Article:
We can get you a reasonable child support modification
Whether you need to increase or decrease your child support amount, we will help you prove that a considerable and permanent change in your circumstances warrants a modification. We will gather and organize the necessary evidence like tax returns, pay stubs, bank statements, medical bills, child care receipts, or other financial documents to establish this. If necessary, we can also help you obtain and analyze the financial information of the other parent to compare your income and expenses.
We can help you enforce or terminate your existing child support order
It’s not uncommon for some parents to hide their income, avoid child support payments, or intentionally interfere with the other parent’s parenting time, especially when the divorce (or separation) has been contentious. In a case like this, we will file a motion for contempt or enforcement with the court on your behalf and seek wage garnishment, property liens, or driver’s license suspension as remedies, if necessary. Suppose the other parent is overpaying or receiving too much child support. In that case, we can file a motion for termination or modification with the court and ask for a refund, credit, or adjustment.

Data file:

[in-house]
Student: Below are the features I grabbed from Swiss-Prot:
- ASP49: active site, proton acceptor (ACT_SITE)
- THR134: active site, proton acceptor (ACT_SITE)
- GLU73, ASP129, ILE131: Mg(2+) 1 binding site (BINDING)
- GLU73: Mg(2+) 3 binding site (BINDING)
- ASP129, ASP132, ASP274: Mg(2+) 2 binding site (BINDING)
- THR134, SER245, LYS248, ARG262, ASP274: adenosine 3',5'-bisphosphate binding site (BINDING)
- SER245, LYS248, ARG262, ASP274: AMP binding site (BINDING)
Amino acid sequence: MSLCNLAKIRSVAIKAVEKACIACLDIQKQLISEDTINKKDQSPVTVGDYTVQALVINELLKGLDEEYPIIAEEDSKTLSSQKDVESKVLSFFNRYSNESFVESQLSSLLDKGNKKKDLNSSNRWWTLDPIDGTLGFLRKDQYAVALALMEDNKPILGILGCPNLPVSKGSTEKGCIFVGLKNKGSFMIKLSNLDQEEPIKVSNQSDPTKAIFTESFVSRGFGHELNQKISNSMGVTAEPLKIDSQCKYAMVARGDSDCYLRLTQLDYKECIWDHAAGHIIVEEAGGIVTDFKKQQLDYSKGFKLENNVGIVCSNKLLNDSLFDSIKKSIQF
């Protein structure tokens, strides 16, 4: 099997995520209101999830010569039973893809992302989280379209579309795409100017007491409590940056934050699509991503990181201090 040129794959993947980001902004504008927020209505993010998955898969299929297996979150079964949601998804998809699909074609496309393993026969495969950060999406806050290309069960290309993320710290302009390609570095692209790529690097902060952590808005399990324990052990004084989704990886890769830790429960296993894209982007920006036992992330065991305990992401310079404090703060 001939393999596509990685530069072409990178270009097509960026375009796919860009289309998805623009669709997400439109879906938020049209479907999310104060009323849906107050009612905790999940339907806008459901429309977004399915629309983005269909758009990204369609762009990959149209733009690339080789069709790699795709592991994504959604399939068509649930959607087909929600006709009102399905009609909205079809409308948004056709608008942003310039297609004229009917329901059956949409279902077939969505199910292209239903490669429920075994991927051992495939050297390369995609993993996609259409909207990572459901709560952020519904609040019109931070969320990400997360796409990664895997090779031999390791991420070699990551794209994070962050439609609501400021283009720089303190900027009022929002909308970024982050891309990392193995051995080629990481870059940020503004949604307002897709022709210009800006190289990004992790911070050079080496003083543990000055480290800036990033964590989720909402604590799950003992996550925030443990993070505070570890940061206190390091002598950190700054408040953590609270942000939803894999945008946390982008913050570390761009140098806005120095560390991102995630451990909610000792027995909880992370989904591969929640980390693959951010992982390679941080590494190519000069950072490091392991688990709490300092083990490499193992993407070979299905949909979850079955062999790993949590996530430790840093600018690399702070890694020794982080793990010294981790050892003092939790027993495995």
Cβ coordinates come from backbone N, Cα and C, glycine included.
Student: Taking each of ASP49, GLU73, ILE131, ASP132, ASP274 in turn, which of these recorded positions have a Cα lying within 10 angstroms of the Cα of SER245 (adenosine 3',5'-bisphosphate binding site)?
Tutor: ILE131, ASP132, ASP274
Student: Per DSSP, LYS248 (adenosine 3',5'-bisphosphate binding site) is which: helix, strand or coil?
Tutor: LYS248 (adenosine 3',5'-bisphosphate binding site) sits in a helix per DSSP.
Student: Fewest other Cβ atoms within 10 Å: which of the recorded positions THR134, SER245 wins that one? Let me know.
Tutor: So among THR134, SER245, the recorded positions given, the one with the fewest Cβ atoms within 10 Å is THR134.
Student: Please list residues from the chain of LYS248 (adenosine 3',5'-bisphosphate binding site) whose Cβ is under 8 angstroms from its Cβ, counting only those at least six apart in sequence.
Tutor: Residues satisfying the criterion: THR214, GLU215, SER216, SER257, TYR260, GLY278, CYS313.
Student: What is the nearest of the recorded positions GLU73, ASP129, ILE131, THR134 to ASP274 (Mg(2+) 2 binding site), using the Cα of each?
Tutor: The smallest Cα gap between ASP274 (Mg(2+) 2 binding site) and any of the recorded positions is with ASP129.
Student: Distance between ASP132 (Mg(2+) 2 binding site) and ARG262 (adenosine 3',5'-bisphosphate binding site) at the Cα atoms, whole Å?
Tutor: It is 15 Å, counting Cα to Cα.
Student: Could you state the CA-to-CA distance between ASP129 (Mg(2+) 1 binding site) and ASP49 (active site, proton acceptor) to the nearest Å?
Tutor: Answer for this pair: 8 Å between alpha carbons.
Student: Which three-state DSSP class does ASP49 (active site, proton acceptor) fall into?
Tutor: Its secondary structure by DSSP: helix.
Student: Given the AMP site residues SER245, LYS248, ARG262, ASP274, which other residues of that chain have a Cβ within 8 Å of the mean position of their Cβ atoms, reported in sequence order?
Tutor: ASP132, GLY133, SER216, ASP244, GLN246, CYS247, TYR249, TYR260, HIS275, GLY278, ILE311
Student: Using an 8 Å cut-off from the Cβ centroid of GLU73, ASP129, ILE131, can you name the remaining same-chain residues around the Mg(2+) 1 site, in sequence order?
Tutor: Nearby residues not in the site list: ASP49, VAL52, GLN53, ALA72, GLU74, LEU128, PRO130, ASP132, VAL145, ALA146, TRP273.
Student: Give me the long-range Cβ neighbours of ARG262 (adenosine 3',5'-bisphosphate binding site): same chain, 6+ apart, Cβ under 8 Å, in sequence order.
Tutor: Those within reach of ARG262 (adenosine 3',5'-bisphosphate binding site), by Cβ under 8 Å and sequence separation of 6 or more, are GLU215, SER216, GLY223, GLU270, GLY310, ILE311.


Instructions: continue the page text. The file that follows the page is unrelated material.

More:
Calculating Child Support in Glendale, AZ: Frequently Asked Questions
How long does child support continue?
It generally continues until the child turns 18 or graduates from high school, whichever comes later. However, it may end earlier if the child becomes emancipated, marries, joins the military, or dies. Child support may also continue past 18 if the child has a severe mental or physical disability that prevents them from being self-supporting.
What is the most child support you can get in Glendale, AZ?
If you are paying child support through wage garnishment, there is a limit to how much can be deducted. As per the Arizona Child Support Guidelines 2022, if you have another kid or dependent to support, they can only take 50% of your pay. If you don’t, they can take up to 60%.